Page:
Around 1977 a new 'Norgard genre' arose for choir and percussion based on the infinity series. These were works like Orpheus and Eurydice - the interrupted song (1977, for choir, instruments, percussion and dancers), Early Spring Dances (1979, same ensemble), and Dream Songs (1981, for choir and percussion), The River and its Two Great Banks (1983, for choir and percussion) and Sl?â?Ñ d?â?©rene op! ("Open up the Doors!") (1981, for choir, percussion and orchestra, to poems by Inger Christensen).

In 1992 the Danish Association of Amateur Choirs honoured Per Norgard as Choral Composer of the Year, and for the occasion he composed Four Latin Motets - for 3 or 5 voices (1992, Psalms of David); and with Korbogen ("The Choir Book") in 1993 (a new, revised collection of 45 choral songs 1952-1992) the simpler choral song genre was continued.

R?â?¬ves en pleine lumi?â?¿re (1989/2002, Paul ?âÔÇ?luard) and And time shall be no more (1993, to poems by Lundquist, Wolfli, Yunus Emre and J?â?©rgen Gustava Brandt) are larger, denser works, a type continued in the large choral works around the turn of the century, which are the main theme of this CD.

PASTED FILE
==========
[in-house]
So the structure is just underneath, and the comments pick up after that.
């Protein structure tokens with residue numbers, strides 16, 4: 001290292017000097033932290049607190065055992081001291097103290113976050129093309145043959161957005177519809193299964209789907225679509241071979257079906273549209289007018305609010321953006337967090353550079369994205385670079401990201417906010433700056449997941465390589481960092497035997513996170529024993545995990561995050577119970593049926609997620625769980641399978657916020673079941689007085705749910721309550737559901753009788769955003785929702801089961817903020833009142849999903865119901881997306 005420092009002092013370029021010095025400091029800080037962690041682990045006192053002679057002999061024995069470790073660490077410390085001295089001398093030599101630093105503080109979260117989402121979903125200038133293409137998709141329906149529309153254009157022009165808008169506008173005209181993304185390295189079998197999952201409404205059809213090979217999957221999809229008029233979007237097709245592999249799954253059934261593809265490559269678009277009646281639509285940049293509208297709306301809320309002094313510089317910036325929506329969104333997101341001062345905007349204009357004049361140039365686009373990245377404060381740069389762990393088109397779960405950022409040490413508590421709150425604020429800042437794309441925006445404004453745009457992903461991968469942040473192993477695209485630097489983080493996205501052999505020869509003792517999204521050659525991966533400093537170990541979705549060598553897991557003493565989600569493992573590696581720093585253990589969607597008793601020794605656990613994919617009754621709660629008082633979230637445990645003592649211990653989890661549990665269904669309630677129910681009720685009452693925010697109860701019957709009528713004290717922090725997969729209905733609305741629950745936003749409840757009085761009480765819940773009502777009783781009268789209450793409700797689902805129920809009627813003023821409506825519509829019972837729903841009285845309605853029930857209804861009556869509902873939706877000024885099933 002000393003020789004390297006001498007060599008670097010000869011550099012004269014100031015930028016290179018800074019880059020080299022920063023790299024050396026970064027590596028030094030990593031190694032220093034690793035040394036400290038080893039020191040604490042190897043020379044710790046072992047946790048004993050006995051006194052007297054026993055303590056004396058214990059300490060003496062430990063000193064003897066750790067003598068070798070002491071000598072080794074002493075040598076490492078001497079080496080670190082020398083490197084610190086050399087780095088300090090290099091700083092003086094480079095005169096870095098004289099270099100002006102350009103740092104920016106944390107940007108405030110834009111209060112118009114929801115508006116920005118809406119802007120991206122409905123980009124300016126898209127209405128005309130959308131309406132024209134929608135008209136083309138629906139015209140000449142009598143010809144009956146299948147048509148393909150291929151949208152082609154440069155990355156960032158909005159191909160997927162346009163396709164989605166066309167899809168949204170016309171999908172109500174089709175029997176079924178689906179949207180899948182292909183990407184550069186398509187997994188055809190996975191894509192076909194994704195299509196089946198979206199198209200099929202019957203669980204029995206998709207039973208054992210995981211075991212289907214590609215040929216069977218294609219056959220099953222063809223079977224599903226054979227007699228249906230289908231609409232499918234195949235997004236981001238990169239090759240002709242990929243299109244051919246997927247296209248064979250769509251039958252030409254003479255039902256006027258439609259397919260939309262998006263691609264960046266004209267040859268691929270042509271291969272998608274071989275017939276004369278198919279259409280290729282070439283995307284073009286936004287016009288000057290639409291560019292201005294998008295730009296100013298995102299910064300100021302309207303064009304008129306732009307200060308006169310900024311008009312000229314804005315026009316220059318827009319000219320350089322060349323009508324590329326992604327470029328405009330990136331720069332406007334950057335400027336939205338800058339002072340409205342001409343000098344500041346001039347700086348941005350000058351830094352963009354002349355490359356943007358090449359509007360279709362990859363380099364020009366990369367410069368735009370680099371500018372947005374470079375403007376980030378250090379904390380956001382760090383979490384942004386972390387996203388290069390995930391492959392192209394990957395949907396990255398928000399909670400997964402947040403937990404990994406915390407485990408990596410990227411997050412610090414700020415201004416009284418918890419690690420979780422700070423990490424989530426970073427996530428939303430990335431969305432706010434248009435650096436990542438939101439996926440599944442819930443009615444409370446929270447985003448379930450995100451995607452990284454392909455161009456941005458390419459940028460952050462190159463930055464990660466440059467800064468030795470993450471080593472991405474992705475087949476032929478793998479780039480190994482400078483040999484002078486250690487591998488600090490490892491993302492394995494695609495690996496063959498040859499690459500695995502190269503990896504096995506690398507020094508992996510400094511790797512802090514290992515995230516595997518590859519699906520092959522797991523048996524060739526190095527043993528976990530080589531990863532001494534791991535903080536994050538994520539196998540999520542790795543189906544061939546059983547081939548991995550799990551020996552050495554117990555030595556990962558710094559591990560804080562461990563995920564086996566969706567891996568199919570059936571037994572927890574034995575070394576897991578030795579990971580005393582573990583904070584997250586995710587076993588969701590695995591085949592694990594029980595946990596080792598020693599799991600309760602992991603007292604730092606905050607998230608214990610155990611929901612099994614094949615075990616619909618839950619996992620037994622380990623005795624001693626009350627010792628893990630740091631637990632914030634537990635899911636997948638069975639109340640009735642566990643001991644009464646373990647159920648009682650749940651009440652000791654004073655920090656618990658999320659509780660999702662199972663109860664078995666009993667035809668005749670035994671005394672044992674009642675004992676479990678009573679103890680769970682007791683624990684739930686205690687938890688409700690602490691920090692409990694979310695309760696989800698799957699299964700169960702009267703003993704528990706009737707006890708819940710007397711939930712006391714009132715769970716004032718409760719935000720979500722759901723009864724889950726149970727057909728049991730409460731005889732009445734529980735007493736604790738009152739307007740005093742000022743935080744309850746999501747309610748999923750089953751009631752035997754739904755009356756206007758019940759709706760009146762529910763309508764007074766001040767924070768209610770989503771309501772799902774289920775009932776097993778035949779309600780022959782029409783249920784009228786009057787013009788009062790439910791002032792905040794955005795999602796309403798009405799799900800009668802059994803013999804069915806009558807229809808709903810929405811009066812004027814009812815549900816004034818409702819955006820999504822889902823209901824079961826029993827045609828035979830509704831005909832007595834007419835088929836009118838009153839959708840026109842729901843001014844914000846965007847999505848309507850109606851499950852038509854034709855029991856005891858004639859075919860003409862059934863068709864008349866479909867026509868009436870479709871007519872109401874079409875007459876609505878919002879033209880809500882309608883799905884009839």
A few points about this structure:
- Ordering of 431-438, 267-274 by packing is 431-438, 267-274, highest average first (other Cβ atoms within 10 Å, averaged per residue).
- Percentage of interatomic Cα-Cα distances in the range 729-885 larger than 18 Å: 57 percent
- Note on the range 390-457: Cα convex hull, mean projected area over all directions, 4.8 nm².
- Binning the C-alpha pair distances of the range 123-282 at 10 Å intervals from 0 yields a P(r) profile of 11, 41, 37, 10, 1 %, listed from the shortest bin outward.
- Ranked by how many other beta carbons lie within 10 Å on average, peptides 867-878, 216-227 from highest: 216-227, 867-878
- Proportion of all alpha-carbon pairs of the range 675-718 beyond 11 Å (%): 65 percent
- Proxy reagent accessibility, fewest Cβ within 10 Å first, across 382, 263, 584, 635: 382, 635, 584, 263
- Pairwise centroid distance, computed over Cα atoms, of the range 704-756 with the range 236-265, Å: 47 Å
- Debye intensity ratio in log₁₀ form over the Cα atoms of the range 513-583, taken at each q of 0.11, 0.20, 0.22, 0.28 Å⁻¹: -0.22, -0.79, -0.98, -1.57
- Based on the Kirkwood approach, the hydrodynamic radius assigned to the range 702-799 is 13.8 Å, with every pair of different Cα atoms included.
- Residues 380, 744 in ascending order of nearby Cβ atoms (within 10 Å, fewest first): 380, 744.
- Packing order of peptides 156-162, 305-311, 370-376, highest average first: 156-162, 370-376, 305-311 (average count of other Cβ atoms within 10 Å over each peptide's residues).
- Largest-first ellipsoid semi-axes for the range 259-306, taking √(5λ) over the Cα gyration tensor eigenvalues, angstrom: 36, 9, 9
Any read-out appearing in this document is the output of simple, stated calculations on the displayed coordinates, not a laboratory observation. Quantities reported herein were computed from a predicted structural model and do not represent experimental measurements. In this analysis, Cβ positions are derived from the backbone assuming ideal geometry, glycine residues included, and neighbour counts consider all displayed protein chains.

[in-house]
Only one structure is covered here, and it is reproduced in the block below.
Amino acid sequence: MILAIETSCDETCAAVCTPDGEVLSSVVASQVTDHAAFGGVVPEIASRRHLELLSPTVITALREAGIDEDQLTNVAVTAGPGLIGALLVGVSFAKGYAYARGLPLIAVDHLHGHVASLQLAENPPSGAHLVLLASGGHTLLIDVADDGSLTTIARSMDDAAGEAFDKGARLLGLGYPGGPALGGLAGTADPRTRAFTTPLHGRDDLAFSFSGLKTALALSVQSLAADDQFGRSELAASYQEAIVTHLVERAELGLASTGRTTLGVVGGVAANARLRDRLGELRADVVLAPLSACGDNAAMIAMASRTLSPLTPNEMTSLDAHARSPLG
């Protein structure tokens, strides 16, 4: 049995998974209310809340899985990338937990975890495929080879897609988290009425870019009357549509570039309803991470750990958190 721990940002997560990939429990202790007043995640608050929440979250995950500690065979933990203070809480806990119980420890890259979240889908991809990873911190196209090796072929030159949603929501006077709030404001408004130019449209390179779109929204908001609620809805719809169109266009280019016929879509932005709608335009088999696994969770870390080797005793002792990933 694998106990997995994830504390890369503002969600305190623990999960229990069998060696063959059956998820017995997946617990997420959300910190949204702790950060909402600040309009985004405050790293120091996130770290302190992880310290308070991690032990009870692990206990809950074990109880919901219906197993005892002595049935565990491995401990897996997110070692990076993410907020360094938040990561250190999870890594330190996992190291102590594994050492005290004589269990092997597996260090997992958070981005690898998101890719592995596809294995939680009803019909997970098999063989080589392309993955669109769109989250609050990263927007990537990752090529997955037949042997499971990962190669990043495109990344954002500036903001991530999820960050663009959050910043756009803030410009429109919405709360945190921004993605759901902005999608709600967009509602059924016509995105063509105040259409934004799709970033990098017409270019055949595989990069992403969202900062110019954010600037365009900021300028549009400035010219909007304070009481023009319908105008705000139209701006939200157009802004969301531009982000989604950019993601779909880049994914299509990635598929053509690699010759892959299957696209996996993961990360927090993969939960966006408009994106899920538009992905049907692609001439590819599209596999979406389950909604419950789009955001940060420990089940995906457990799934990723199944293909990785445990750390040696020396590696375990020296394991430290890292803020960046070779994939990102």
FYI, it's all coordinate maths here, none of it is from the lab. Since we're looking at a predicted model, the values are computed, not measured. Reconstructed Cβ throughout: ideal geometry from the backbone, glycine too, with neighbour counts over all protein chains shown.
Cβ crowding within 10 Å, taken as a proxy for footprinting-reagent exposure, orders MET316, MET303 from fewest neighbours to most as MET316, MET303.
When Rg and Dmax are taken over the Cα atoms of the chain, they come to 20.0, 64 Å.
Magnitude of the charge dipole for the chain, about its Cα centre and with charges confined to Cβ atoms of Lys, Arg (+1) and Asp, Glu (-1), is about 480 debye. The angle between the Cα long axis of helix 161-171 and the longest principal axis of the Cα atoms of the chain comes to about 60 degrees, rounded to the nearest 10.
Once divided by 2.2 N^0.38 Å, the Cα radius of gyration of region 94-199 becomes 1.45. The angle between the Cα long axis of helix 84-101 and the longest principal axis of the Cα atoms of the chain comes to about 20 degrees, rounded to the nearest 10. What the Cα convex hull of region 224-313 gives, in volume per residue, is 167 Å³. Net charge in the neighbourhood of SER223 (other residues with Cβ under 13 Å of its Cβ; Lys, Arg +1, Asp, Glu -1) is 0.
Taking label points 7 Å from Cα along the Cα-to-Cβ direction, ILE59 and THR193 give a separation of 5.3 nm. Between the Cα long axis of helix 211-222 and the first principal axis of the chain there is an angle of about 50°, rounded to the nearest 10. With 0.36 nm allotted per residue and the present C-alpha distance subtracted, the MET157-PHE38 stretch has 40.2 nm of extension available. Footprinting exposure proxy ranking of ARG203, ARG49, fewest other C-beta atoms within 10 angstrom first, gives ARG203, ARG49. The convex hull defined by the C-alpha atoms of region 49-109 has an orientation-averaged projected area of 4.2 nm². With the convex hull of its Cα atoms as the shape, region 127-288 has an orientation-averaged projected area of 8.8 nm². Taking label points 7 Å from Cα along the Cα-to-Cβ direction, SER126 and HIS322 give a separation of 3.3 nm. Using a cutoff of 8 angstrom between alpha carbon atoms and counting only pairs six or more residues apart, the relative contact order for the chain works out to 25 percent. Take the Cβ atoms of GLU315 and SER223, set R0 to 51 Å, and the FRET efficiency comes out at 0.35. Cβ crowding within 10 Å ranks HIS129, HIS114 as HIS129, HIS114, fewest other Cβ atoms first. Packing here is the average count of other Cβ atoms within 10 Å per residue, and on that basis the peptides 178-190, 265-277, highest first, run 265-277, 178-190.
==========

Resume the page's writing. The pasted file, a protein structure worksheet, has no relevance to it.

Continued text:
Per Norgard (b. 1932 in Copenhagen) is one of the central Danish composers ofthe twentieth century after Carl Nielsen and Jean Sibelius. His output - morethan 300 works - includes opera, symphonies, concertos and ballets as well asfilm, chamber and electronic music.

Norgard's early works continued the Nordic tradition of Carl Nielsen and - especially - Jean Sibelius. Vagn Holmboe (1909-1996), his teacher in his youth, sharpened his interest in organic musical development - 'metamorphosis': 'seeds' of rhythmic and melodic motifs were developed into larger, layered musical polyphony in a mainly modal tonal idiom - as we can hear in the 1950s, for example in the First Symphony. The encounter with the Central European avant-garde around 1960 inspired Norgard to experiment with a wide variety of idioms and genres, including collage composition (The Young Man Must Marry, Tango Chikane etc.), percussion music (Rondo, Waves), electronic music (The Enchanted Forest), happenings (Babel, Horrors in Progress) and at almost psychedelic type of interference music for orchestra (Iris, Luno).